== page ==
Continuity of service regulations for network operators not yet in force – MCA
Despite being announced by Infrastructure, Transport and Communications Minister Austin Gatt almost two weeks ago, the much-touted regulations on continuity of service by electronic communications network operators have not come into force yet, Business Today has learnt.
Asked by this newspaper whether the MCA received the contingency plans from all the operators yet in terms of the new regulations, a spokesperson for the Authority said: “The new regulations have not yet come into force; they will shortly be published in the Government Gazette.”
“Once published the regulations will become applicable and enforceable,” the MCA spokesperson told Business Today.
When Gatt launched the regulations on continuity of service during a press conference last February was replying to a question asked by this newspaper as to whether the regulations had been published or not, he said that the regulations had been published in the Government Gazette.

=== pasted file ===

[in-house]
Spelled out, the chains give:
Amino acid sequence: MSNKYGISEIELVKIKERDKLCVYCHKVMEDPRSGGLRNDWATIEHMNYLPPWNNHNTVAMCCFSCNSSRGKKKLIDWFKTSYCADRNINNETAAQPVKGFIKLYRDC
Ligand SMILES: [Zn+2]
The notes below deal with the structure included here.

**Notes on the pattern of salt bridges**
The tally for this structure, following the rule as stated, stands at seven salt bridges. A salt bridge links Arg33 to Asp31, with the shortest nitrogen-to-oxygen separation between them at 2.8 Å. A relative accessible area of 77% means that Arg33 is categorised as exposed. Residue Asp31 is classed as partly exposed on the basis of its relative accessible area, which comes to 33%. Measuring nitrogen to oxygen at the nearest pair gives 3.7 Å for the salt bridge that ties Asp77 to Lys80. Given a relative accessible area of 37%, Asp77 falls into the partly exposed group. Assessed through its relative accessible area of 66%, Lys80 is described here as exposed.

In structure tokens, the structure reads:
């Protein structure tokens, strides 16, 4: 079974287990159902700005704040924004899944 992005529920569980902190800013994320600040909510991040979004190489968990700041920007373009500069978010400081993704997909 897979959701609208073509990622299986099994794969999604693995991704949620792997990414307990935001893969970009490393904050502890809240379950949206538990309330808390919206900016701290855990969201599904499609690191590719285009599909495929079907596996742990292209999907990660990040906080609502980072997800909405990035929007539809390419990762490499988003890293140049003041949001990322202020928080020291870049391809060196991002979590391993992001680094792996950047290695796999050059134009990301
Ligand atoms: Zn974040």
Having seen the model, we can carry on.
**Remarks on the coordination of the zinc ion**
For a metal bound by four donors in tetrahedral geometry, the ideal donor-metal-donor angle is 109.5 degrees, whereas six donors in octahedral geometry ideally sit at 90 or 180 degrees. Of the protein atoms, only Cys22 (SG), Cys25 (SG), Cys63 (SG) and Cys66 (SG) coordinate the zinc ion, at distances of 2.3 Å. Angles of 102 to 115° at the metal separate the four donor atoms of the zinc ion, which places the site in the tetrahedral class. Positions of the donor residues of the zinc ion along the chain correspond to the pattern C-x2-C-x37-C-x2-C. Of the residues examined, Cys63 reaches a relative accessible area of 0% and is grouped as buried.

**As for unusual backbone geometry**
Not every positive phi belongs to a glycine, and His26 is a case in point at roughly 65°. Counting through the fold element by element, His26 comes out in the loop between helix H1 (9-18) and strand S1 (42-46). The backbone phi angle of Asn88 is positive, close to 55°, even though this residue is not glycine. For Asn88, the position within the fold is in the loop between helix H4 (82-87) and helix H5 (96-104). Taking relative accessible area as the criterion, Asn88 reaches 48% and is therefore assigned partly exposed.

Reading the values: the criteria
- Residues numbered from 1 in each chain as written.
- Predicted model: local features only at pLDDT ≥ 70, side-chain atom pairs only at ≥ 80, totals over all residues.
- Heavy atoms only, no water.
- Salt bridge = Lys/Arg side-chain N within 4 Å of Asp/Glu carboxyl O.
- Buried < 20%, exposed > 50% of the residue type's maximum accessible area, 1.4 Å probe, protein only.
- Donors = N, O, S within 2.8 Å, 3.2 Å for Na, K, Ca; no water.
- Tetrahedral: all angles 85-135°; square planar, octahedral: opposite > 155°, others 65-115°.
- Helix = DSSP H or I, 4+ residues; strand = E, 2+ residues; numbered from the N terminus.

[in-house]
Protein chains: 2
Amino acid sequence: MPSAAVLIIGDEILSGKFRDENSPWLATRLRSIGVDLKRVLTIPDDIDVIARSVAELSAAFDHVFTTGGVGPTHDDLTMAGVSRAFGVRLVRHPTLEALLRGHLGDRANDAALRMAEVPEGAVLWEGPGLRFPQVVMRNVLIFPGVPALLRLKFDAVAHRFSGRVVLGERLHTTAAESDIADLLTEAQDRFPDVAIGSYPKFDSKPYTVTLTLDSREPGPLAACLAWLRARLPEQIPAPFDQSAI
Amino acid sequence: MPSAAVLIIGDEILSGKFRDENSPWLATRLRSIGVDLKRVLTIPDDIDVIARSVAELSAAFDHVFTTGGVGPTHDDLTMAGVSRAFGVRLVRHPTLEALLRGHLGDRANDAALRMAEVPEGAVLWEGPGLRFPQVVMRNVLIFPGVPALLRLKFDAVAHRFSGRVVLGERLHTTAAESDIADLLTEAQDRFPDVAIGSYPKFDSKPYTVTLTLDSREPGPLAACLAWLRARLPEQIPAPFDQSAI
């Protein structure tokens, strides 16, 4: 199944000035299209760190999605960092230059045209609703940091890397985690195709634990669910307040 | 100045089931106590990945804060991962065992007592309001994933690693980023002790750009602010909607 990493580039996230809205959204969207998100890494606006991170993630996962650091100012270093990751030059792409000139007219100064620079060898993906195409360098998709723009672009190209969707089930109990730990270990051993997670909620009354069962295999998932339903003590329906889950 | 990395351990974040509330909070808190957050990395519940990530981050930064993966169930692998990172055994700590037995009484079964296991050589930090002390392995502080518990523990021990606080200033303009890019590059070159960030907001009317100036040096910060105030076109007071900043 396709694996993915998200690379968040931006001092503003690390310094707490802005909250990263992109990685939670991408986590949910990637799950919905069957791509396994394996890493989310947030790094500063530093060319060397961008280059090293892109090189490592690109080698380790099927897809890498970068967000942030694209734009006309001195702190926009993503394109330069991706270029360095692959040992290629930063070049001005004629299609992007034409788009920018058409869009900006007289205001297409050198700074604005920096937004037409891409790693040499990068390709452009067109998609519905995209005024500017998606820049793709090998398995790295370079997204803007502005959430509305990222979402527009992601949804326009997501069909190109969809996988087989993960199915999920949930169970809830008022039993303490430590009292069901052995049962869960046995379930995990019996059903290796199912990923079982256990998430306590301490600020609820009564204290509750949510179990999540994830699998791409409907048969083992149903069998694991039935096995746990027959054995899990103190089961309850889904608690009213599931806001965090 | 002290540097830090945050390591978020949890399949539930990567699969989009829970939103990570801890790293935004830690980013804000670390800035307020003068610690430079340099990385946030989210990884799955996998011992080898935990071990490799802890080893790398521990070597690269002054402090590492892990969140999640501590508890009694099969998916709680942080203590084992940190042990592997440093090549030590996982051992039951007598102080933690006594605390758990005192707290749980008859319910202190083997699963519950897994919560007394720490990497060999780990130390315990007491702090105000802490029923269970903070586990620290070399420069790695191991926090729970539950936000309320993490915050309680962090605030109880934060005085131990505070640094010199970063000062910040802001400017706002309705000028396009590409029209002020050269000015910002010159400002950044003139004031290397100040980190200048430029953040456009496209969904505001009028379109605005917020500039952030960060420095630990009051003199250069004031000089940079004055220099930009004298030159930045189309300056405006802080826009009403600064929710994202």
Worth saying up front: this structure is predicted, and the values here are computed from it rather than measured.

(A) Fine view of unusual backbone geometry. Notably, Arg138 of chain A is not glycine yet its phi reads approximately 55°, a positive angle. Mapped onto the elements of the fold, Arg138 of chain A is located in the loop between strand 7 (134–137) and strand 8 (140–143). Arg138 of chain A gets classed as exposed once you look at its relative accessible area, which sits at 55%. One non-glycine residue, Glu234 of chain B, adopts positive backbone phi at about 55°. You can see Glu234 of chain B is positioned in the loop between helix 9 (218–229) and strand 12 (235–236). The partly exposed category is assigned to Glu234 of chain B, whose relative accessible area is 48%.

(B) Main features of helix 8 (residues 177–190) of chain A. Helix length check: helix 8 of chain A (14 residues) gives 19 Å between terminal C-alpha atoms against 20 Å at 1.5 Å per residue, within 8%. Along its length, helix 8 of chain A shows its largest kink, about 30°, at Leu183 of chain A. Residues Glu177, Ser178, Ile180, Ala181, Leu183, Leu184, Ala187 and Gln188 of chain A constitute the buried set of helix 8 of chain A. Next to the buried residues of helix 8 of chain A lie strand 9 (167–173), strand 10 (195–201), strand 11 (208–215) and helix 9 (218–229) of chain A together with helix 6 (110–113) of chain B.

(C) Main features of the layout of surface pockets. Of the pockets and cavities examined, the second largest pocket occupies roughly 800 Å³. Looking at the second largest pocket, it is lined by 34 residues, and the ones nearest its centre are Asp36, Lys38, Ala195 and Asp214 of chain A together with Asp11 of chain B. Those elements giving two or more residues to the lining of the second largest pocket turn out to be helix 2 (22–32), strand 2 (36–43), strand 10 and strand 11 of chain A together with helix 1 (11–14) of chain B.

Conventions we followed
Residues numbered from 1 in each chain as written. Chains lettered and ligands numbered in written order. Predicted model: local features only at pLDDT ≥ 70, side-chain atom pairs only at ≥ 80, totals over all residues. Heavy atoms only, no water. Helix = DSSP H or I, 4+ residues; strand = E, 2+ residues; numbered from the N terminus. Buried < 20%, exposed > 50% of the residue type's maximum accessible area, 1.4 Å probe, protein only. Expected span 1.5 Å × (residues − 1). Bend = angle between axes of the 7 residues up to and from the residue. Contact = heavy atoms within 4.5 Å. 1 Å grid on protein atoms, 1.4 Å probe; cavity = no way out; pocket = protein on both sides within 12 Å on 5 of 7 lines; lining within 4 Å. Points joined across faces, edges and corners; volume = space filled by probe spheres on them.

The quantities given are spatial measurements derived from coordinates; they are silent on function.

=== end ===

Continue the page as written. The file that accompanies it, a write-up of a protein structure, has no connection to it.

The regulations, officially known as the “International Connectivity (Continuity of Operations) Regulations 2008,” stipulate that network operators should have effective contingency plans in case of a fault in their network infrastructure.
The MCA had introduced these regulations in the wake of the fault that developed in GO’s international connectivity on 6 August 2008, which had led to disruptions to telephone, internet and VOIP subscribers for almost 12 hours following a fault in GO’s first submarine cable in Catania (GO-1).
The MCA spokesperson told Business Today, however, that after a request made by the MCA in Quarter 3 2008, “all the international gateway service providers had forwarded information regarding their contingency plan to the Authority.